The DPI is based on a visual examination of the amount of plaque present on four surfaces of the teeth, including the buccal (cheek-facing) and lingual (tongue-facing) surfaces of both upper and lower first molars and upper and lower incisors. The examiner assigns a score from 0 to 3 for each surface, with higher scores indicating greater plaque accumulation:

* Score 0: No plaque detected, even after probing the area with a dental explorer.
* Score 1: Plaque detected by visual examination and/or probing but is not visible when the area is gently dried with air.
* Score 2: Moderate accumulation of soft deposits that are visible upon visual examination before air drying, but which can be removed by scraping with a dental explorer.
* Score 3: Abundant soft matter, visible upon visual examination before air drying and not easily removable with a dental explorer.

The DPI is calculated as the average score of all surfaces examined, providing an overall measure of plaque accumulation in the mouth. It can be used to monitor changes in oral hygiene over time or to evaluate the effectiveness of different oral hygiene interventions. However, it should be noted that the DPI has limitations and may not accurately reflect the presence of bacterial biofilms or the risk of dental caries and gum disease.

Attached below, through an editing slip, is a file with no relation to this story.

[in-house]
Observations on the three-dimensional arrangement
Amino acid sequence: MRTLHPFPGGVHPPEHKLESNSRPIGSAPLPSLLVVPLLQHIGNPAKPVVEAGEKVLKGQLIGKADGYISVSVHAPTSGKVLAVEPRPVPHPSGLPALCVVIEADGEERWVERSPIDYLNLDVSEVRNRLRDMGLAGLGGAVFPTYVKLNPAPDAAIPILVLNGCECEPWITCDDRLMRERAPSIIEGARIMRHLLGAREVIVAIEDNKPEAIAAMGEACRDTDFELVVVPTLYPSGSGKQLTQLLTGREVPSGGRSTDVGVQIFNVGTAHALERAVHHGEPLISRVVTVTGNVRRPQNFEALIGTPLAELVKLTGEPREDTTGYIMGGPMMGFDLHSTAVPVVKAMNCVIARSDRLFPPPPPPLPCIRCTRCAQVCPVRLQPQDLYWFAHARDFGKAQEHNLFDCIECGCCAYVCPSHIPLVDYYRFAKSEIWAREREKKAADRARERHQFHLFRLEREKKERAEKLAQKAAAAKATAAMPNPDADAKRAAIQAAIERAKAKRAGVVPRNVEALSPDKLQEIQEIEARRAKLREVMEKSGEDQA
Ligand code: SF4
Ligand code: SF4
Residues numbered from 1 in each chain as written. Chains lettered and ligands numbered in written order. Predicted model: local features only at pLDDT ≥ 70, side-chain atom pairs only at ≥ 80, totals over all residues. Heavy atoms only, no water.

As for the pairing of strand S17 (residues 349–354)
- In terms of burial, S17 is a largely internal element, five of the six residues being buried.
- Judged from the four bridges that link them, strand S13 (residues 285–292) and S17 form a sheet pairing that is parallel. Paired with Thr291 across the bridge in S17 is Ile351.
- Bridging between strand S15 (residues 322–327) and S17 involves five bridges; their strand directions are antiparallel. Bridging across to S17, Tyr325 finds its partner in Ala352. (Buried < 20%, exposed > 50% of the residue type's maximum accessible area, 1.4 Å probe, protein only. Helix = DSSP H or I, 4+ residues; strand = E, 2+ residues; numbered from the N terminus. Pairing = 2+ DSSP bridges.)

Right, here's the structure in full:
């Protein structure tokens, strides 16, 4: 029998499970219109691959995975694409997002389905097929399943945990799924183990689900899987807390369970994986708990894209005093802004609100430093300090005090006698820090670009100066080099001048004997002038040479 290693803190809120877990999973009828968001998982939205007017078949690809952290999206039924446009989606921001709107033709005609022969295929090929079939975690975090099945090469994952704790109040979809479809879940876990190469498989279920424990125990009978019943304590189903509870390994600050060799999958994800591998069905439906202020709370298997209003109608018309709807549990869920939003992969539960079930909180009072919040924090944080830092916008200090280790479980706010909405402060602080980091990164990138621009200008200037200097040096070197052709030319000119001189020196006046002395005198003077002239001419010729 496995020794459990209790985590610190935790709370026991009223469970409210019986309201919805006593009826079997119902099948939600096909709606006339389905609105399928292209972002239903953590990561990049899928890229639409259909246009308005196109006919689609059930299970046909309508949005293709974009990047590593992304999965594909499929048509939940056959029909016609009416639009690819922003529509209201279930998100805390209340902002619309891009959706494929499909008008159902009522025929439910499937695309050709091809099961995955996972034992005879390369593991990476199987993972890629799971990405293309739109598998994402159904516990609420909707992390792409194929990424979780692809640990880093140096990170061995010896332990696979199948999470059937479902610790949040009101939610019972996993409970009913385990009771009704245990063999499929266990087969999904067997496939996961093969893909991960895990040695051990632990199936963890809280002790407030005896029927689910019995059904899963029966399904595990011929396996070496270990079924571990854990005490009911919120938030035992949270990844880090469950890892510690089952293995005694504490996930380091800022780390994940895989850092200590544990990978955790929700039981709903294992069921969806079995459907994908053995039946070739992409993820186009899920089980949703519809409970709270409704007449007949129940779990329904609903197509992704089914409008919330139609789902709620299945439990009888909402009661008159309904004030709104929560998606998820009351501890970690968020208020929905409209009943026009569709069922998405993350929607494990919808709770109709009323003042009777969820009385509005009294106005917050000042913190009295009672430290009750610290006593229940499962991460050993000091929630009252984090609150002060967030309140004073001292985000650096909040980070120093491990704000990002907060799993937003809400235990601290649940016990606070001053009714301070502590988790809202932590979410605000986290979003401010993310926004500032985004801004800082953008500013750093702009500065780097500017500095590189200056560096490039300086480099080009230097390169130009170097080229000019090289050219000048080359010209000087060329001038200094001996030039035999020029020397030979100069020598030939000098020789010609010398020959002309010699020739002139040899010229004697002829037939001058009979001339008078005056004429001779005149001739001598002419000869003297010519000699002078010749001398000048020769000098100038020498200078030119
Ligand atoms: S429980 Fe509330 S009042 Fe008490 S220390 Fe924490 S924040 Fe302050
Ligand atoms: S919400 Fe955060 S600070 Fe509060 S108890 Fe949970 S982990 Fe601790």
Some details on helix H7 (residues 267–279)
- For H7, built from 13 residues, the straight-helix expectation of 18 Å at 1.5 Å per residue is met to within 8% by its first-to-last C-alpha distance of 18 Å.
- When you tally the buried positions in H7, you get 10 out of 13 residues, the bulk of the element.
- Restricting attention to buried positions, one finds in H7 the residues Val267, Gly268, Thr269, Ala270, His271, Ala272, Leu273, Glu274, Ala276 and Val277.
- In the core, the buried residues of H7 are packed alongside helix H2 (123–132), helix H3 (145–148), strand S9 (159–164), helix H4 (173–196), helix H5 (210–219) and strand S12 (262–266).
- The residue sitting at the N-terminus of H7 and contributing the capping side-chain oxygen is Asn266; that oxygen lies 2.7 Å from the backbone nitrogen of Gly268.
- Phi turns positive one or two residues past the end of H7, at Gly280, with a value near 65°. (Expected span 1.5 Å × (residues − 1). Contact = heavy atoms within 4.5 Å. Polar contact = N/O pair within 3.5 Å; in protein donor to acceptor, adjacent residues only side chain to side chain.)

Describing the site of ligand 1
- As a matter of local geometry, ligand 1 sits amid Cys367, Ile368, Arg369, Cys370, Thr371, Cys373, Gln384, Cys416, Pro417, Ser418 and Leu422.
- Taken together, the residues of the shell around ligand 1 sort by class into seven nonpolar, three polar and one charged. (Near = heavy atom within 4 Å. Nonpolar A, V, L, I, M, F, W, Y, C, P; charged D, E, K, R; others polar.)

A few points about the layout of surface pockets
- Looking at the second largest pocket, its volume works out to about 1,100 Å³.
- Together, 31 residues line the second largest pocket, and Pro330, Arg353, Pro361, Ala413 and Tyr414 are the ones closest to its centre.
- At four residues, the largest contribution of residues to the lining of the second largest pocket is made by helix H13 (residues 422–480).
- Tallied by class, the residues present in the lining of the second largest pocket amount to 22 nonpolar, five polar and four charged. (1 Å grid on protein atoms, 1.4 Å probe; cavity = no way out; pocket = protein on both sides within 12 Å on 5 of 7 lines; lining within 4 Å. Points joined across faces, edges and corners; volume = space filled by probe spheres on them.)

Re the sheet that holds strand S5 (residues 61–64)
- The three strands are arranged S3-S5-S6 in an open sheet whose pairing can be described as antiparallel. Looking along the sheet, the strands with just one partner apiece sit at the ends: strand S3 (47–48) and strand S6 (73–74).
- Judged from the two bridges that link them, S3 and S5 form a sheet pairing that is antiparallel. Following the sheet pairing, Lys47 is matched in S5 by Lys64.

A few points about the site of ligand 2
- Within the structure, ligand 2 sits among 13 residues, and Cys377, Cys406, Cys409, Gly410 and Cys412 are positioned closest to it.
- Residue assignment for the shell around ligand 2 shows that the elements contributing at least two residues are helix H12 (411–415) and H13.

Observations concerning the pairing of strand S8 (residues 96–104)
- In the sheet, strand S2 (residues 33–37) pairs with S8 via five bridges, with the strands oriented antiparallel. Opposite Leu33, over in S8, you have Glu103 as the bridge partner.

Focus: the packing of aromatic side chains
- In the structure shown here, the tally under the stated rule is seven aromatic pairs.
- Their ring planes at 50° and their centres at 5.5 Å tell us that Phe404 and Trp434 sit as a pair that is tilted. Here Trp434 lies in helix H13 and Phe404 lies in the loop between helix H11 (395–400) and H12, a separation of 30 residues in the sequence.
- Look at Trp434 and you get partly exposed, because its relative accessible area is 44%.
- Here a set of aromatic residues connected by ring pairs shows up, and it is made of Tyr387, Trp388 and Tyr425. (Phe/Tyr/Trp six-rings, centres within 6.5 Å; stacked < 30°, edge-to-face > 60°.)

Dental esthetics refers to the branch of dentistry concerned with the aesthetic appearance of teeth and smile. It involves the use of various dental treatments and procedures to improve the color, shape, alignment, and position of teeth, thereby enhancing the overall facial appearance and self-confidence of a person. Some common dental esthetic treatments include tooth whitening, dental veneers, composite bonding, orthodontic treatment (braces), and dental implants. It is important to note that dental esthetics not only focuses on improving the appearance but also maintaining or improving oral health and function.

The mandibular condyle is a part of the temporomandibular joint (TMJ) in the human body. It is a rounded eminence at the end of the mandible (lower jawbone) that articulates with the glenoid fossa of the temporal bone in the skull, allowing for movements such as opening and closing the mouth, chewing, speaking, and swallowing. The mandibular condyle has both a fibrocartilaginous articular surface and a synovial joint capsule surrounding it, which provides protection and lubrication during these movements.